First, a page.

By the time high school was over, my belief that good writing was all about talent talent and the habit I’d developed for writing only when the fancy struck me were embedded into my thinking and my behavior. Later, my whole perception of writing would be shaken.
Eventually, I entered the creative writing program at university. For the first time in my life, writing was more than a casual hobby; it became challenging. Surrounded by peers of equal or even greater talent, I started pushing myself. I suddenly realized that I wanted to produce better writing — I wanted to be a talented writer, yes, but also a developed one. My coursework required that I write constantly. In one semester I would have anywhere from two to four writing classes, with lots of homework and plenty of projects, which kept me busy writing every single day.
Immediately, I began to see a change in my own work, an improvement. The poetry I wrote was consistently better than what I’d written the day before. My short stories, once flat and lifeless, started to take on some energy, and my essays, which had always been strong, reached new heights.
There were many reasons for this rapid growth. I learned the value of editing, of being a choosy reader, of using resources, like books that were packed with writing exercises designed to improve different aspects of my writing or help me discover new terrain in my work. The feedback from peer reviews were invaluable.
One course would be laden with critiques, and other courses wouldn’t involve them at all. Some instructors liked to see the raw footage, the unedited stuff; others made you proofread and revise incessantly before turning anything in. One thing, however, was completely consistent: daily writing had become an ingrained habit for me.
Better Writing Happens When You Do it Every Day
It was making a habit out of writing daily, making it a priority in my life, that had the greatest impact on improving my writing.
There are thousands of tips out there for how to be a better writer. You’ve read the books or at least heard of them. There are articles and lists, websites (yes, like this one), and short courses that say do this, do that, write sideways or upside down. Write in a park, or try a café, use a thesaurus, make sure you use spell-check…
All of that advice does have value. Sometimes, you’ll find a golden writing tip that works perfectly for you, but it’s rare for those tips to prove helpful for everyone. Only a very few bits of advice are truly applicable for every writer across the board, and writing daily is first and foremost among them.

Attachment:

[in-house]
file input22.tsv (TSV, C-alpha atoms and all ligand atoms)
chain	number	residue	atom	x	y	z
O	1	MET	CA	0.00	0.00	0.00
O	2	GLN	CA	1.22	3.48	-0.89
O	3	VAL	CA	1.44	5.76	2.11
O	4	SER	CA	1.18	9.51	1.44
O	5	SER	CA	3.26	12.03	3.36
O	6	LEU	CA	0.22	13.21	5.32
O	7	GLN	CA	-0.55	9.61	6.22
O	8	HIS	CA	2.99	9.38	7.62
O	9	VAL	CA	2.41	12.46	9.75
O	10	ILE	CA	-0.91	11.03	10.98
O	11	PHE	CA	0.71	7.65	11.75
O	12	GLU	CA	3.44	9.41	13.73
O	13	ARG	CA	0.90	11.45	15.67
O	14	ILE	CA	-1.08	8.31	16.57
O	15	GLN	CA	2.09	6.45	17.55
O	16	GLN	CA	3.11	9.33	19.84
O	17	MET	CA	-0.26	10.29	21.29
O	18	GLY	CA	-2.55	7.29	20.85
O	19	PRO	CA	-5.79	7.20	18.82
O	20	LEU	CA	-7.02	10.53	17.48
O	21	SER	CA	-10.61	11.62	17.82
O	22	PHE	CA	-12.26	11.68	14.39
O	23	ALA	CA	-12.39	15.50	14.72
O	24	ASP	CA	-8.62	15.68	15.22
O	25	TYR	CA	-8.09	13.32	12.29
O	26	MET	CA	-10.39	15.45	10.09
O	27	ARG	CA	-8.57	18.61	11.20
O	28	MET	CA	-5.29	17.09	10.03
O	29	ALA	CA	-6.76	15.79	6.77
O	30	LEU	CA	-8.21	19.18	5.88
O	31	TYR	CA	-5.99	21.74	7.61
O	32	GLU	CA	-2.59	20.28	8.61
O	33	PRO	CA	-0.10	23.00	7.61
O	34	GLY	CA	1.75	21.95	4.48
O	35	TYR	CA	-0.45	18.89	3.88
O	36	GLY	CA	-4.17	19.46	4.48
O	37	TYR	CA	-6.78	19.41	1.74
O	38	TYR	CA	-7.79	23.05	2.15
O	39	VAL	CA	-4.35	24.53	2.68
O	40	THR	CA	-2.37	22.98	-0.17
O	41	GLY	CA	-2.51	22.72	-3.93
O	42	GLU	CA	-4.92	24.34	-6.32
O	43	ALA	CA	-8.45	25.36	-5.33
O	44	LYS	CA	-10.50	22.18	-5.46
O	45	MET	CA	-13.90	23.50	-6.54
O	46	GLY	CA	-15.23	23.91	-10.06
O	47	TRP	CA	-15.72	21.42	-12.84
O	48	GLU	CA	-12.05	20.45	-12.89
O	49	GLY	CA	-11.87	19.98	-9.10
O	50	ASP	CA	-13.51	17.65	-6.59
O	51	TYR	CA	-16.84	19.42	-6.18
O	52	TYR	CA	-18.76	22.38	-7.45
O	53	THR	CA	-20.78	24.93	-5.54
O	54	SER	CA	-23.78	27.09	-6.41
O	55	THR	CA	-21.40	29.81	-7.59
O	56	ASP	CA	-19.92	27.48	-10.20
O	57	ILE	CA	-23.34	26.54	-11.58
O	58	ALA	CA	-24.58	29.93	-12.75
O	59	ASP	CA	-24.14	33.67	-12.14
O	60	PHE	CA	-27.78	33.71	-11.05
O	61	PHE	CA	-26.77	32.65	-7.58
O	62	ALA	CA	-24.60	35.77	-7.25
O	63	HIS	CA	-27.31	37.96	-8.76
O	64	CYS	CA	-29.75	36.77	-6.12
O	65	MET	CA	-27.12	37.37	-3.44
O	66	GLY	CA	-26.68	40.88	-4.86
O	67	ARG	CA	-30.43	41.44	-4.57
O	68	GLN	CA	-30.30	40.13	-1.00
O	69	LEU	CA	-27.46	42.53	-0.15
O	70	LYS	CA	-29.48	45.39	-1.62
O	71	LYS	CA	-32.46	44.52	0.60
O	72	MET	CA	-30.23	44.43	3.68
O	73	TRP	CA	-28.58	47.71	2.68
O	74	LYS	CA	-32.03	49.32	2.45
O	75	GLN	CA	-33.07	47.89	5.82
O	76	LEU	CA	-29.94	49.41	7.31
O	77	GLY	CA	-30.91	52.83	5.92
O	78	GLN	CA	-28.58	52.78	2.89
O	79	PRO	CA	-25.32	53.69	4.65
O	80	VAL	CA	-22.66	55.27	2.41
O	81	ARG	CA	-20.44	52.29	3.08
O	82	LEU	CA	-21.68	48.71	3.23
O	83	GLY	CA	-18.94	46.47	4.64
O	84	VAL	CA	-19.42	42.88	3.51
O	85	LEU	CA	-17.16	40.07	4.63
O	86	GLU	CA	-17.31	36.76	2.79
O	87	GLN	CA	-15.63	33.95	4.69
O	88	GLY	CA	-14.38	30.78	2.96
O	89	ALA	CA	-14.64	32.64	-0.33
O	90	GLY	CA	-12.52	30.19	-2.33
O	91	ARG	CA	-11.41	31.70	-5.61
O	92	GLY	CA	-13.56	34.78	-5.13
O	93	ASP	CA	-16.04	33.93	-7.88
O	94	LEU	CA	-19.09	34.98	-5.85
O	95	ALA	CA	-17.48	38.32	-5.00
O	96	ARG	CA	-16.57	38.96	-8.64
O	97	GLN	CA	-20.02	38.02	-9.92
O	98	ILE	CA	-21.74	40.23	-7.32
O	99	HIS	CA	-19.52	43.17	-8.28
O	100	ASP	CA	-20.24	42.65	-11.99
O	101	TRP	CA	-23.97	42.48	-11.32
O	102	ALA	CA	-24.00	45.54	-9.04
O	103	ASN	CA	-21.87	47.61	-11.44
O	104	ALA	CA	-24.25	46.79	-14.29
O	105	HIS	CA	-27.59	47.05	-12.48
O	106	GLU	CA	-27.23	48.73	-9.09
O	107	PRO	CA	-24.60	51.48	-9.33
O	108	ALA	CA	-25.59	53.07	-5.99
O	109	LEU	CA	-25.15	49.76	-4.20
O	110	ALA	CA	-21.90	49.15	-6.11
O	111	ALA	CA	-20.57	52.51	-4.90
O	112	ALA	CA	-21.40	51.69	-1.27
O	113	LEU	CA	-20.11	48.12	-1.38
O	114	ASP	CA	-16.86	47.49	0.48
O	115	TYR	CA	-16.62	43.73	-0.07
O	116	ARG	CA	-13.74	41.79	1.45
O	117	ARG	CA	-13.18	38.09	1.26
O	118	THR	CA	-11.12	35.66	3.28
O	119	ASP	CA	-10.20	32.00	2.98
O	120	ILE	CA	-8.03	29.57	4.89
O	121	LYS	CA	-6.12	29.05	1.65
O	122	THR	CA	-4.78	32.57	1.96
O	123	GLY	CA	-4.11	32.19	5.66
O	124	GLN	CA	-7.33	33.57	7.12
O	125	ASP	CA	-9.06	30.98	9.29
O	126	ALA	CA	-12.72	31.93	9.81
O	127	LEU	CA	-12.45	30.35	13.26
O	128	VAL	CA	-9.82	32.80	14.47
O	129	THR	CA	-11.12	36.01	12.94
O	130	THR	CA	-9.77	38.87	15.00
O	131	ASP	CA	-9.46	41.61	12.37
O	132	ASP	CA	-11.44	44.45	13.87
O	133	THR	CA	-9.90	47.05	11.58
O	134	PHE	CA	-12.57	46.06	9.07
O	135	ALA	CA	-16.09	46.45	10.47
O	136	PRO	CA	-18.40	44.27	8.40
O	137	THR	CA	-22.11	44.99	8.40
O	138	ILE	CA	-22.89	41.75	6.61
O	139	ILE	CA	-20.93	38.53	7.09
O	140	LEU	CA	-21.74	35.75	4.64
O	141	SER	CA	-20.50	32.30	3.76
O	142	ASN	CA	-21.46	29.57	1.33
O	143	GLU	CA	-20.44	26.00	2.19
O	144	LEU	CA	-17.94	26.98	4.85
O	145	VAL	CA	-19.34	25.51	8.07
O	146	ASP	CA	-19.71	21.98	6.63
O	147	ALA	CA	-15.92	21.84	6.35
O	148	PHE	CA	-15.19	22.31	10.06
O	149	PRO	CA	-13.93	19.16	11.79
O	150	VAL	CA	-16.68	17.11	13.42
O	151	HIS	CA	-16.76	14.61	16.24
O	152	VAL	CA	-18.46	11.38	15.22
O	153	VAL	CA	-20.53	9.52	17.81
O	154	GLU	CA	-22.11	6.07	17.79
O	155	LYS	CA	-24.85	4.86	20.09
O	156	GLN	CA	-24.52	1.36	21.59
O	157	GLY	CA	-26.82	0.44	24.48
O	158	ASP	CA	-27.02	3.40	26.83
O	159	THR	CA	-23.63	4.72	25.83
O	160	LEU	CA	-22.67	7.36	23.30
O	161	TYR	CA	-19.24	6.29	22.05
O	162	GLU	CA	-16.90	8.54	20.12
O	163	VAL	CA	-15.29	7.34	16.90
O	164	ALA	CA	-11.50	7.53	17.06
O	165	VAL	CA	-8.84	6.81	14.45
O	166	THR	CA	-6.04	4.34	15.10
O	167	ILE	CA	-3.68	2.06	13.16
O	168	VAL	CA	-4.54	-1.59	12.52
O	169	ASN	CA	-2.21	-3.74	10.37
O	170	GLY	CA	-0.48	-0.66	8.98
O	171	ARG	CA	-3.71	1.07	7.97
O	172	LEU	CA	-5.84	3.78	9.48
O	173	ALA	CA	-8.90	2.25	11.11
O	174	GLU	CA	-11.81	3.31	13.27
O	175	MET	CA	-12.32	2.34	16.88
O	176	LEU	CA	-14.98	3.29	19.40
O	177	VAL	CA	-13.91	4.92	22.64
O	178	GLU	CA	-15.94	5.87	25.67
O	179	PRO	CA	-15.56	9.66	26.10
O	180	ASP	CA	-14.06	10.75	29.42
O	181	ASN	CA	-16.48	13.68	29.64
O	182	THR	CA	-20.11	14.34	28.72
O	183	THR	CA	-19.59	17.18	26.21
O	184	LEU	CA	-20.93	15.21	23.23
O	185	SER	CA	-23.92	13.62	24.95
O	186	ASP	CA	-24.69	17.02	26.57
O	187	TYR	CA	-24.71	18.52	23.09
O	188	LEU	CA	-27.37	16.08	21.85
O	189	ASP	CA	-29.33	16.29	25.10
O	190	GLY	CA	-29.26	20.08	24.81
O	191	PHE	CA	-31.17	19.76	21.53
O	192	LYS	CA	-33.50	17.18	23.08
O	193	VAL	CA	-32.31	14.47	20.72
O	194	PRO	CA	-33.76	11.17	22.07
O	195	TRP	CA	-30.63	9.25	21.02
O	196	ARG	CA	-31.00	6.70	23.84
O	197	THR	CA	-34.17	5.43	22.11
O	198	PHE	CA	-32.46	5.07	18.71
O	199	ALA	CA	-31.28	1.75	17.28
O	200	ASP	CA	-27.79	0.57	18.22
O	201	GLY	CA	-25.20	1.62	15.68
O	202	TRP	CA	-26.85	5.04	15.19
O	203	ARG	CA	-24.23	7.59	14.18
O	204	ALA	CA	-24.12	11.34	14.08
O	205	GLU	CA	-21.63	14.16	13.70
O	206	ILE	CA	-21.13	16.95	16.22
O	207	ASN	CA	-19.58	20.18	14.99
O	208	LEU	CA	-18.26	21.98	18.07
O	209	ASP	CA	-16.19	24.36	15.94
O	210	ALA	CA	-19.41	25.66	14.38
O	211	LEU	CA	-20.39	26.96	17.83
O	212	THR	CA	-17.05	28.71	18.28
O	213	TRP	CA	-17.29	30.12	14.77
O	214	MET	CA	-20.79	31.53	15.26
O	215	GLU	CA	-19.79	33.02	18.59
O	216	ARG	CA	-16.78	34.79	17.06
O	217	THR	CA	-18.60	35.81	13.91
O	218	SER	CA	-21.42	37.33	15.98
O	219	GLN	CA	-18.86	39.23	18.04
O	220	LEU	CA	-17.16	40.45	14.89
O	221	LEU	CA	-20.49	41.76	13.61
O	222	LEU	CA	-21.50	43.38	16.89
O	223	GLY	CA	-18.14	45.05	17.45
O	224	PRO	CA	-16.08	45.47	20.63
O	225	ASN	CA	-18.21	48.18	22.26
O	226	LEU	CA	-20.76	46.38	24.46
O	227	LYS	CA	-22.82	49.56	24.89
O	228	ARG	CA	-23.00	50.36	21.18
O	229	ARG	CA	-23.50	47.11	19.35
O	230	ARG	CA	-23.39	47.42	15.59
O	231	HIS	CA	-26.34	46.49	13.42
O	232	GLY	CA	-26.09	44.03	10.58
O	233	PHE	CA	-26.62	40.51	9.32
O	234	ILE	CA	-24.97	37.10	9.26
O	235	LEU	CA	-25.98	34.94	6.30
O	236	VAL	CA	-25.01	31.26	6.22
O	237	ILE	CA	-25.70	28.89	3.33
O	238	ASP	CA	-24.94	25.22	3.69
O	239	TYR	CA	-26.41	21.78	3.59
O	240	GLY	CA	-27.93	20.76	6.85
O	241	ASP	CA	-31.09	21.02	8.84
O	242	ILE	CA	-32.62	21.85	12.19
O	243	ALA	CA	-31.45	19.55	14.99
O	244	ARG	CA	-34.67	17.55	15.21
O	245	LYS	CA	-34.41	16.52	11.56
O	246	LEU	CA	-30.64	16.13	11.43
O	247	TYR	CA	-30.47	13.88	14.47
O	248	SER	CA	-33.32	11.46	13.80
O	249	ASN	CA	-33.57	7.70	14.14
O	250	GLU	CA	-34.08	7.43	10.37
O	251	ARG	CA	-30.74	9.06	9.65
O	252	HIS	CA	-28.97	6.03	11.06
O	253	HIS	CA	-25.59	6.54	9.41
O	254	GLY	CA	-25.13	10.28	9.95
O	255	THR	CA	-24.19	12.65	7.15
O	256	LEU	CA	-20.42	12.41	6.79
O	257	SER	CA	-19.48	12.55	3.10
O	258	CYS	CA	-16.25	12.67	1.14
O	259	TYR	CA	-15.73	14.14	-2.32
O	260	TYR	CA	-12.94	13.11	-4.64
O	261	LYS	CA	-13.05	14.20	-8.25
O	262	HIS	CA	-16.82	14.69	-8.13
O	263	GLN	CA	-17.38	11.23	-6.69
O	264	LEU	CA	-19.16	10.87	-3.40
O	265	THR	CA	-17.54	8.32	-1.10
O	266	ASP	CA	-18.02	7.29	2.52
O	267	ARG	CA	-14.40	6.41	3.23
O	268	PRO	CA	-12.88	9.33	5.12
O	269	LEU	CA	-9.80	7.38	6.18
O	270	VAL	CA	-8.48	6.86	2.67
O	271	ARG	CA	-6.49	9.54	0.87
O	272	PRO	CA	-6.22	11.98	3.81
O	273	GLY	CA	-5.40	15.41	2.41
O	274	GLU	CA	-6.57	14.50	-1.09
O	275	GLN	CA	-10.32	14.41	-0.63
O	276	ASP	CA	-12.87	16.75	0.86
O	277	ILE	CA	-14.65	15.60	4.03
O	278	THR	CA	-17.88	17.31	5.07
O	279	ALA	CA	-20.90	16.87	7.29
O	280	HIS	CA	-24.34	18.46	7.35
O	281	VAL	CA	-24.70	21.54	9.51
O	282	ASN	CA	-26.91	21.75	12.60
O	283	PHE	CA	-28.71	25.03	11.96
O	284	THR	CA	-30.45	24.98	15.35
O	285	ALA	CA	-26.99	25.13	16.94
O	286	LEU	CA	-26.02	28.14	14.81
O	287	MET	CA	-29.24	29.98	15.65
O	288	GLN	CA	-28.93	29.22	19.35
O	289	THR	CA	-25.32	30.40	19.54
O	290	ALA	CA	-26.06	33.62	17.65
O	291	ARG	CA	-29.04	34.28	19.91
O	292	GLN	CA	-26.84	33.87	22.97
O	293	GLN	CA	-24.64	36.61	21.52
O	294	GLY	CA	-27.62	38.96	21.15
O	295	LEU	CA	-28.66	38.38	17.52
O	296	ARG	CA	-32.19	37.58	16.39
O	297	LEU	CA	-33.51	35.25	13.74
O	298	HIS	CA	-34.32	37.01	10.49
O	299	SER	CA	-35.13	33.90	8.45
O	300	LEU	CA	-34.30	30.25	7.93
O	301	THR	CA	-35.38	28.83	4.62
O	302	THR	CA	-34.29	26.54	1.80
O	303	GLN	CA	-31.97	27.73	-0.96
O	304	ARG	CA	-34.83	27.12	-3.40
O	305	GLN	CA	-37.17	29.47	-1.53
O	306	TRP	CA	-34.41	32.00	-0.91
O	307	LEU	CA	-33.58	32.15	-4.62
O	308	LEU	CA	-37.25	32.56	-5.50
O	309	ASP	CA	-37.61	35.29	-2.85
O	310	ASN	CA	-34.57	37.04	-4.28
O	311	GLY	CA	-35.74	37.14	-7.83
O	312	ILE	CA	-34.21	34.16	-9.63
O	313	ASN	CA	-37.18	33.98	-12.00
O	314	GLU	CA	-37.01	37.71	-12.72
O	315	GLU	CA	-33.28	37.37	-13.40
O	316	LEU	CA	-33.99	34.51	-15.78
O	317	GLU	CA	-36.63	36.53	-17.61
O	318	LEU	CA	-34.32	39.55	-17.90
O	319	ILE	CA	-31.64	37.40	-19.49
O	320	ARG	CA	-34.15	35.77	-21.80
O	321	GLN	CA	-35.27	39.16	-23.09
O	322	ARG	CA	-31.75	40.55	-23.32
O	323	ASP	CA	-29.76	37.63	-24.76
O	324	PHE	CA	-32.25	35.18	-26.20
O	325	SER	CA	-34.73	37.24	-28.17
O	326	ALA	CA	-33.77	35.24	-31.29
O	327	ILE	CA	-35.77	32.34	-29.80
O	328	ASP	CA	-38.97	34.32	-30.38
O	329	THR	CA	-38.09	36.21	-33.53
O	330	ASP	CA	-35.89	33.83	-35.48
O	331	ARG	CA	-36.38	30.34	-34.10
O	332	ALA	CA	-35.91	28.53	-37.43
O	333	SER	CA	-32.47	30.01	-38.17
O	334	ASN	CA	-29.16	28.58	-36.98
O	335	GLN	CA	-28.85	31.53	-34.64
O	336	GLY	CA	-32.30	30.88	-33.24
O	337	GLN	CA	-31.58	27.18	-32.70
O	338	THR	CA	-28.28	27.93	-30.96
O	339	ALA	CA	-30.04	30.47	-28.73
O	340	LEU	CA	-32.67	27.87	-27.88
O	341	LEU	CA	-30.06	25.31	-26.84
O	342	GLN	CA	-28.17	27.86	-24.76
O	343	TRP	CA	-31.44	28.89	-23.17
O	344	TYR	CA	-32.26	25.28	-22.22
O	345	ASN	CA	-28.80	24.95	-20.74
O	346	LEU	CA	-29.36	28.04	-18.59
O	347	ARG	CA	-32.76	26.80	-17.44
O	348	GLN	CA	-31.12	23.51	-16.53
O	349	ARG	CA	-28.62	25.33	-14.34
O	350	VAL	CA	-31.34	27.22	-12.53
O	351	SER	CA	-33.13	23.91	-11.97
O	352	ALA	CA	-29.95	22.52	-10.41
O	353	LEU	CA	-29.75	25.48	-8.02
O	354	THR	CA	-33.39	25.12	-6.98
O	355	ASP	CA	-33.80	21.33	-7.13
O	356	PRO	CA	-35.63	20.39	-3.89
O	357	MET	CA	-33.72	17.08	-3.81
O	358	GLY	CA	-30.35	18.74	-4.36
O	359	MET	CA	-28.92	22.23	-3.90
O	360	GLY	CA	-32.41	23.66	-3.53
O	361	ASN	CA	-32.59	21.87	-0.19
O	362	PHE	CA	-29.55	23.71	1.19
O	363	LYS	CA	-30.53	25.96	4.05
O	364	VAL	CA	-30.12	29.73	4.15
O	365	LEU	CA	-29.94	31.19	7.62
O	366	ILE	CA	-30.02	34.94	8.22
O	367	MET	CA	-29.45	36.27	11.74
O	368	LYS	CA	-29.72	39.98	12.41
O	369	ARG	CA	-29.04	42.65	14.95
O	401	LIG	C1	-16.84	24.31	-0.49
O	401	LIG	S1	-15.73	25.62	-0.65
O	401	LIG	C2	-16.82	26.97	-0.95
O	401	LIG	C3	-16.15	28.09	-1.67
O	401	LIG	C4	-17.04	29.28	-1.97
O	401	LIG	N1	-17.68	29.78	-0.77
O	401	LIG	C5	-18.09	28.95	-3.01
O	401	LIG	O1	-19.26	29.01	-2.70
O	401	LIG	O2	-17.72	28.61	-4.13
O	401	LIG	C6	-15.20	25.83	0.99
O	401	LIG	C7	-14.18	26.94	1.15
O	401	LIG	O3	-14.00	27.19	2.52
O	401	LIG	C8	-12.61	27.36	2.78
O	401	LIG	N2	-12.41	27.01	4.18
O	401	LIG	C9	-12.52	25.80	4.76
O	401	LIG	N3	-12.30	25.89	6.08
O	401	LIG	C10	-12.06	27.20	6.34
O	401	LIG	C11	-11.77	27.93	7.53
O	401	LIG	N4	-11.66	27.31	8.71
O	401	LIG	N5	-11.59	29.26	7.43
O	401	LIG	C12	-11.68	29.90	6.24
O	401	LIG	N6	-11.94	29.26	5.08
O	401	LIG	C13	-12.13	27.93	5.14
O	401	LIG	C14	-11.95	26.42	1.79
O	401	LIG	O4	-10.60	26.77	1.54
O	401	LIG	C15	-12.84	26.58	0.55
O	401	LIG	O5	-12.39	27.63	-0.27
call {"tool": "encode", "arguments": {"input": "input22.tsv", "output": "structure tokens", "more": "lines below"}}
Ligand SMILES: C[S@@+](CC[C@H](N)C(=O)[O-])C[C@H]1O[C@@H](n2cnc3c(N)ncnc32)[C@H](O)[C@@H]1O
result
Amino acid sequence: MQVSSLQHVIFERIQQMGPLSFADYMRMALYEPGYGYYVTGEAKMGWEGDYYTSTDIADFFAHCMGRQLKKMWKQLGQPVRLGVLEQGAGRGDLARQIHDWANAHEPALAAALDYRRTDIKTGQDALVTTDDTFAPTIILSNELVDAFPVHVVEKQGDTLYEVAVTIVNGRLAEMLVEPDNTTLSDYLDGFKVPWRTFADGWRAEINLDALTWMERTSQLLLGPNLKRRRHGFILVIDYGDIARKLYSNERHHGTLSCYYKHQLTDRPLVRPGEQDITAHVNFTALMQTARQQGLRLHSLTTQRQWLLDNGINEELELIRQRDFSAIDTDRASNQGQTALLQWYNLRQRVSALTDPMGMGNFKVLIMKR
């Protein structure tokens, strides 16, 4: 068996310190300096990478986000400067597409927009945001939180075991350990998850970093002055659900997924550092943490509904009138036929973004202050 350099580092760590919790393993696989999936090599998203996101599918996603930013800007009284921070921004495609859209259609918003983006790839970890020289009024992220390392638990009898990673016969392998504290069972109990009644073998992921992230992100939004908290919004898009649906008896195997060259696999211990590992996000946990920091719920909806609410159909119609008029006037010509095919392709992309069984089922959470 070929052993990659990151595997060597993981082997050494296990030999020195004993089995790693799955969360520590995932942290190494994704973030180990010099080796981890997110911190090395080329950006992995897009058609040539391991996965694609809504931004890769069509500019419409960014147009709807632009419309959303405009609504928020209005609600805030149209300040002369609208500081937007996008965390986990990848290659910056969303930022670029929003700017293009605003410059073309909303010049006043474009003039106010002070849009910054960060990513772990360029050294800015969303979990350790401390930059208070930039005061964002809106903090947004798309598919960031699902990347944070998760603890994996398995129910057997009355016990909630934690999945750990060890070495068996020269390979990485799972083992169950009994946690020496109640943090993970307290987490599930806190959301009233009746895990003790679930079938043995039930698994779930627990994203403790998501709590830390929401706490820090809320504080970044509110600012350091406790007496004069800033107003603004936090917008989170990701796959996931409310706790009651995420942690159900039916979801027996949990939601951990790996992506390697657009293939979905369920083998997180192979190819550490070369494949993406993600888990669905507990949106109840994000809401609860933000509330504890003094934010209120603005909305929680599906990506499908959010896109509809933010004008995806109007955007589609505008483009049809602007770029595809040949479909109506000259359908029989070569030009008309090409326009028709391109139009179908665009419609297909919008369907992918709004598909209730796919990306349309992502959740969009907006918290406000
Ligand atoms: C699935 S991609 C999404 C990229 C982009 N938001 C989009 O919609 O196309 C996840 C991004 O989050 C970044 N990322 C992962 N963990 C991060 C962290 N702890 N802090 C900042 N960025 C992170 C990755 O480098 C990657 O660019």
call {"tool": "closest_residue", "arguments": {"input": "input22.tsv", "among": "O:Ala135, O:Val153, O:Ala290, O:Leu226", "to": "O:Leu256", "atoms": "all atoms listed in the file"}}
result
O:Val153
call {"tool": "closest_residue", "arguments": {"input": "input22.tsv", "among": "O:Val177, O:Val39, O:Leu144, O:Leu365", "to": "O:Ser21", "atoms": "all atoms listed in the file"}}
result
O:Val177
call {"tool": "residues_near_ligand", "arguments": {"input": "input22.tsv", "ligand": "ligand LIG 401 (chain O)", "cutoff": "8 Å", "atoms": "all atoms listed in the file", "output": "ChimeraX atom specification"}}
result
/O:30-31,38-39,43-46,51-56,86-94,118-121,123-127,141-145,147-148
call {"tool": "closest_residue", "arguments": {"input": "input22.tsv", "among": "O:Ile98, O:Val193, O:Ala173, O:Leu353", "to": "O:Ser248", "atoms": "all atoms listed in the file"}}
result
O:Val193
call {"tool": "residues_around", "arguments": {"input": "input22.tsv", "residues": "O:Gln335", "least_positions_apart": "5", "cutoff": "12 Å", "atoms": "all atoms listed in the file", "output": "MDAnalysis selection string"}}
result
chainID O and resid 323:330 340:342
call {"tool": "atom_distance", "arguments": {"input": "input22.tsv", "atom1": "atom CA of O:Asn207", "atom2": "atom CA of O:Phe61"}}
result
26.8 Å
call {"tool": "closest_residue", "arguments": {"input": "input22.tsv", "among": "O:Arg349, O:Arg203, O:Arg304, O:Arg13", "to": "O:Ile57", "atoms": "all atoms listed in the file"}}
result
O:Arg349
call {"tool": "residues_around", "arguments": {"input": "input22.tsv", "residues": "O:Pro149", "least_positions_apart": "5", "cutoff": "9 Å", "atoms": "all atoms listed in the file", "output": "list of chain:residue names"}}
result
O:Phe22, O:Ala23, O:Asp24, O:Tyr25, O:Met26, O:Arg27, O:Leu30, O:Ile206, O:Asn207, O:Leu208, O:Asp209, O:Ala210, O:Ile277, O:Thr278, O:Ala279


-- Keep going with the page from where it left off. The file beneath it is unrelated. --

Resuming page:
What are You Waiting For?
It almost seems obvious if you think about it. You want to be a writer, so uh, yeah, you should write. A lot. Yet many people who say they want to be writers don’t.
Daily writing is by far the best way to become better at your craft. Writing regularly will even increase your creativity. Some people worry that if they write too often, they’ll run out of ideas. But the truth is that the more you create, the more creative you become. Writing daily will only give you more writing ideas than ever before.
Are there a few extra-specially talented writers out there who can just produce mind-boggling work without practicing regularly? Of course; they’re prodigies. Should you let a day go by without writing a single word? Yes, occasionally, that’s probably a good thing to do. A little break now and then can give you some perspective. It can rejuvenate you.
If your goal is better writing, then commit to writing every single day. Whether you write for five minutes or an hour, doing it daily ingrains writing as a regular part of your life. Stick with it and eventually, you’ll master it.
So, keep on writing (every single day)!
Do you write every day? Occasionally? Only when you feel like it? How has your writing frequency improved or affected the quality of your writing? Do you have any tips to share that will help others produce better writing? Share your thoughts and experiences in the comments.
Everybody wants to know the secret to success, and writers are no exception.
We often talk about all the things one must do in order to become a successful writer, and the list never ends. From studying grammar to sending out query letters and building a platform, writers have to wear many hats and stay busy if they hope to succeed.
However, most of those tasks are irrelevant and success is impossible if a writer hasn’t acquired the basic skills necessary for doing the work. There’s no reason to worry about submissions, queries, contracts, and marketing if your writing skills aren’t up to the task of getting the project done.